“We have a collection of findings here that are classic and in some cases virtually exclusive for violent shaking,” the county medical examiner testified. A pediatric neurosurgeon told the jury, “Unless somebody could tell me something else was going on with this child … I think he was a shaken baby. I’ll be happy if somebody can tell me something else.”

In the decades since Smith’s trial, exonerations and studies have shown that the triad of symptoms associated with SBS—subdural hemorrhage, retinal hemorrhage, and brain swelling—can have a number of other explanations, such as short-distance falls, trauma sustained during childbirth, or illness. In a case in New Jersey earlier this year, a judge ruled that the prosecutors could not bring in testimony of SBS in their case against a father accused of shaking his son. SBS, the judge wrote in his ruling, “lacks scientific grounding” and is “akin to ‘junk science.’”

The evidence in Chandler’s case suggests birth trauma—not shaking—led to his death, according to Dr. Saadi Ghatan, the director of Mount Sinai Health System’s pediatric neurosurgery program. Ghatan, who is working on the case pro bono, reviewed Chandler’s brain scans and medical records, along with the mother’s medical records related to her pregnancy and delivery.

Chandler was born premature, at 35 weeks, by an emergency cesarean. His head was delivered by vacuum extraction, whereby a suction device was placed on his head, according to Chandler’s mother’s medical records. Ghatan noted in his affidavit that vacuum extraction can cause a skull fracture.

Chandler weighed less than five pounds when he was born and was sent to the neonatal intensive care unit. A nurse documented that his head was swollen, but no follow-up was conducted and he was discharged about a week after his birth.

When he was about a month old, Chandler’s mother called 911 because she feared he was having a seizure, but the paramedics who arrived dismissed her concerns. A seizure, they said, would mean he was jerking around, which he wasn’t. But, according to Ghatan, a seizure in an infant can also present as the baby “zoning out or being startled.”

Chandler’s death “was not the result of parental abuse or mistreatment, nor was his death caused intentionally by anyone,” Ghatan wrote in his affidavit. His death “began with his early and difficult birth.”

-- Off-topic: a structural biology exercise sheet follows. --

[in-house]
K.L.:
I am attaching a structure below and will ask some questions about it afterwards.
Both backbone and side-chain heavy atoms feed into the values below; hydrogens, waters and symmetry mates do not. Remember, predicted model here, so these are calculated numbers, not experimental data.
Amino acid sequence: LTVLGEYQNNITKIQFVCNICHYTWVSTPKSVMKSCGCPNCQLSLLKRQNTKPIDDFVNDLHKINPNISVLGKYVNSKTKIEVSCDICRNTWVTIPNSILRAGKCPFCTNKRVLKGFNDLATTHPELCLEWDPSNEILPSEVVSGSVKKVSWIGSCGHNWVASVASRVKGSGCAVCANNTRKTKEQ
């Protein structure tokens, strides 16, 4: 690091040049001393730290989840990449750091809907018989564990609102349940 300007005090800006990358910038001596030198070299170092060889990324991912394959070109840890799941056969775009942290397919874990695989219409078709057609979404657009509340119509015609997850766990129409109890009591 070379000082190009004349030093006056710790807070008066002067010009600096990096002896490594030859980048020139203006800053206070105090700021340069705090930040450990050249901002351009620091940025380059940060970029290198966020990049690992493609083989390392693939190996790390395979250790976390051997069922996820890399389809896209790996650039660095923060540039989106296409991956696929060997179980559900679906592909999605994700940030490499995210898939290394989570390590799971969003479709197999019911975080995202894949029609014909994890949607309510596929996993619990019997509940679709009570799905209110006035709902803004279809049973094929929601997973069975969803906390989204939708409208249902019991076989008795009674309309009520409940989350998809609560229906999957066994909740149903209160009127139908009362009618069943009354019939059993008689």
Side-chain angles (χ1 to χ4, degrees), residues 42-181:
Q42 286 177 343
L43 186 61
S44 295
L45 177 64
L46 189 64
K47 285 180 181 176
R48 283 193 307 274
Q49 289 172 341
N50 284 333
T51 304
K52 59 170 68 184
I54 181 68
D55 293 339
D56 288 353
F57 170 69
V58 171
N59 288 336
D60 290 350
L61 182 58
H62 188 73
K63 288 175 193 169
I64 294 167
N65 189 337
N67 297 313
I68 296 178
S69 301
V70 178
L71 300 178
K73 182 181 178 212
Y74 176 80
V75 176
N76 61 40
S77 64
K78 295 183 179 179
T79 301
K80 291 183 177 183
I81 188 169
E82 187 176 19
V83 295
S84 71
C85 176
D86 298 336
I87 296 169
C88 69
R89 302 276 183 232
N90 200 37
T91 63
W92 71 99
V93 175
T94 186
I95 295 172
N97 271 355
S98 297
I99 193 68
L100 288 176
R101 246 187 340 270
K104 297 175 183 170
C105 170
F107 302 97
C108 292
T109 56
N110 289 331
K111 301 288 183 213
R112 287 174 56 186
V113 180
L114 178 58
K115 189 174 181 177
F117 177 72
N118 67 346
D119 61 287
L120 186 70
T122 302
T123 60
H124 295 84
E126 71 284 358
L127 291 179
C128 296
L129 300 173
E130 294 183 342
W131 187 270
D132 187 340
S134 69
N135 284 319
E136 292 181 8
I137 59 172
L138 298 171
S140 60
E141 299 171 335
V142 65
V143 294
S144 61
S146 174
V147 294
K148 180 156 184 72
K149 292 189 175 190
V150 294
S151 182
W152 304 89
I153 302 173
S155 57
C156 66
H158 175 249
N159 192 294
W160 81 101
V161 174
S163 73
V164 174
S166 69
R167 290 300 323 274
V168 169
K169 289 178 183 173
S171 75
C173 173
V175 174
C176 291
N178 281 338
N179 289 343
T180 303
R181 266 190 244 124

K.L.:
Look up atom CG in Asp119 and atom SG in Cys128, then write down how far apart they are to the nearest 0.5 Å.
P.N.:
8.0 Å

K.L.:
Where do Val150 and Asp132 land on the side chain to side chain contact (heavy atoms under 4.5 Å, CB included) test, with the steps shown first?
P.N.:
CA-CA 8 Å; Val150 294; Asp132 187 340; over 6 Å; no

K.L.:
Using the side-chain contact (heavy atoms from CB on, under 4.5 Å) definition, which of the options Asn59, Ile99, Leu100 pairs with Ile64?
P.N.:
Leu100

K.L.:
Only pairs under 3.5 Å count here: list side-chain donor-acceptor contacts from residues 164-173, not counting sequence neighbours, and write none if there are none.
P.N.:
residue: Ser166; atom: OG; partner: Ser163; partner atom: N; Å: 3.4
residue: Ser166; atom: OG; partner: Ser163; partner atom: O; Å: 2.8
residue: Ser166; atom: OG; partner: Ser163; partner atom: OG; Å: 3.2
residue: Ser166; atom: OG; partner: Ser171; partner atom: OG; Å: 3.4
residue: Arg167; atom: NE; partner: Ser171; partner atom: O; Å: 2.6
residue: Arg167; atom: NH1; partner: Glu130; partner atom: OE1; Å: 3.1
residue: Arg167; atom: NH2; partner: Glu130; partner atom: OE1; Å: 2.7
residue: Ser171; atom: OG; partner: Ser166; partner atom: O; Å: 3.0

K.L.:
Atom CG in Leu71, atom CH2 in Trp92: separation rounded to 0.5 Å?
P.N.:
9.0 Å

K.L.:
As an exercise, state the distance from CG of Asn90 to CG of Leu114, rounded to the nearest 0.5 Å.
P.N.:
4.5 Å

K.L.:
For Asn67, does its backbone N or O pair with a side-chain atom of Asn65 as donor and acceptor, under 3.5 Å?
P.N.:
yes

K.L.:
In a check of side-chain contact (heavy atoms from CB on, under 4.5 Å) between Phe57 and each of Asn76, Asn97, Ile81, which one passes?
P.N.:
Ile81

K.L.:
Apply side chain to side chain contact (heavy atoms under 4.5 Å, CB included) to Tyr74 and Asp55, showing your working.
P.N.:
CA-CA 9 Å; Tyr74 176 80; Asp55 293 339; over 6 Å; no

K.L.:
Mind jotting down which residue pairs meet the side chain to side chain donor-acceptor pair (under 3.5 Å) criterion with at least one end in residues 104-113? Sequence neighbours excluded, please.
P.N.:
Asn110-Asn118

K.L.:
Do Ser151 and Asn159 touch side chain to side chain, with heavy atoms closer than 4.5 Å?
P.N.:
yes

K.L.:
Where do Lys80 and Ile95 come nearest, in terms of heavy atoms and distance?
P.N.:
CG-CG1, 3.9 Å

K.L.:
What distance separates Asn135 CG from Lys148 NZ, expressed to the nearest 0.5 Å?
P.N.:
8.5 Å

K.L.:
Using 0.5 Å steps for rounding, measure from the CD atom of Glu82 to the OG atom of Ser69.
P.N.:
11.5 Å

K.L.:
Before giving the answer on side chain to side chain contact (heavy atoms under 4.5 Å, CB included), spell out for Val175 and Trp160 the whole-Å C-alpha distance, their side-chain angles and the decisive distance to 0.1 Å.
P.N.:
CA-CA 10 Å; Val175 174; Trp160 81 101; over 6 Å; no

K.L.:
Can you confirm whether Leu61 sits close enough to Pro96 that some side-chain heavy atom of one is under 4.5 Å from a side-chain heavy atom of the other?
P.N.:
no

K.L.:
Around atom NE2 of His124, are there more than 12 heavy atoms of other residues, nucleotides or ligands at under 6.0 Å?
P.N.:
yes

In May, protesters gathered outside the courthouse in Gwinnett County to protest what they say is Danyel Smith’s wrongful conviction.
Courtesy of Southern Center for Human Rights

In March, less than a month before Ghatan was set to testify at an evidentiary hearing, the trial court granted the prosecutor’s request to dismiss Smith’s motion for a new trial.

The prosecutor argued in his legal filings that Smith’s evidence is not new and, therefore, should not be heard by the court. He even opposed Smith’s motion to appear in civilian clothes at his evidentiary hearing—which was ultimately canceled, at the prosecutor’s request.

District Attorney Austin-Gatson declined to answer The Appeal’s questions about Smith’s case.

“The prosecution has decided to oppose our ability to even present evidence so far,” Mark Loudon-Brown, one of Smith’s attorneys, told The Appeal. “If they wanted to reverse their position and agree with us that he’s entitled to a new trial, they could do that today.”

Smith’s legal team told The Appeal that they asked Austin-Gatson’s conviction integrity unit (CIU) to investigate his case on March 22, 2021—the same month Austin-Gatson launched the unit. Three days later, a CIU attorney emailed Loudon-Brown and said she would be looking into the case. More than a year later, however, Smith’s legal team says they’re still waiting for the unit to complete its review. Austin-Gatson created the unit because she is “a strong advocate for justice and fairness,” the DA’s website says.

“Any cases within our CIU for investigation will not be subject to discussions with the media,” Austin-Gatson wrote in an email to The Appeal. “We appreciate your interest in this matter, but we will not be commenting on it.”

Pyatt, Smith’s fiancée, told The Appeal she doesn’t understand why Austin-Gatson wouldn’t move faster in this instance.

“If she started this integrity unit to truly right the wrongs in Gwinnett County, I don’t know a better case than Danyel’s case to start with,” she said.

Unless the prosecutor’s office changes course, Smith’s fate lies with the Georgia Supreme Court. The path to exoneration through the judiciary is a circuitous one—the state’s highest court can order the trial court to hold an evidentiary hearing, which could lead the judge to order a new trial. If that happens, the prosecutors can either start preparing for the new trial or drop all charges.

Smith and his supporters say they’ve already waited far too long for Smith to be released from prison for a crime he did not commit. At the family’s protest last month, they chanted, “No justice, no peace,” and held home-made signs. “Please give my innocent son his life back,” read a hand-written sign held by Smith’s mother.

“My freedom has been taken from me,” Smith said in a statement to The Appeal. “I want the State of Georgia to undo this wrong and make it right. Period.”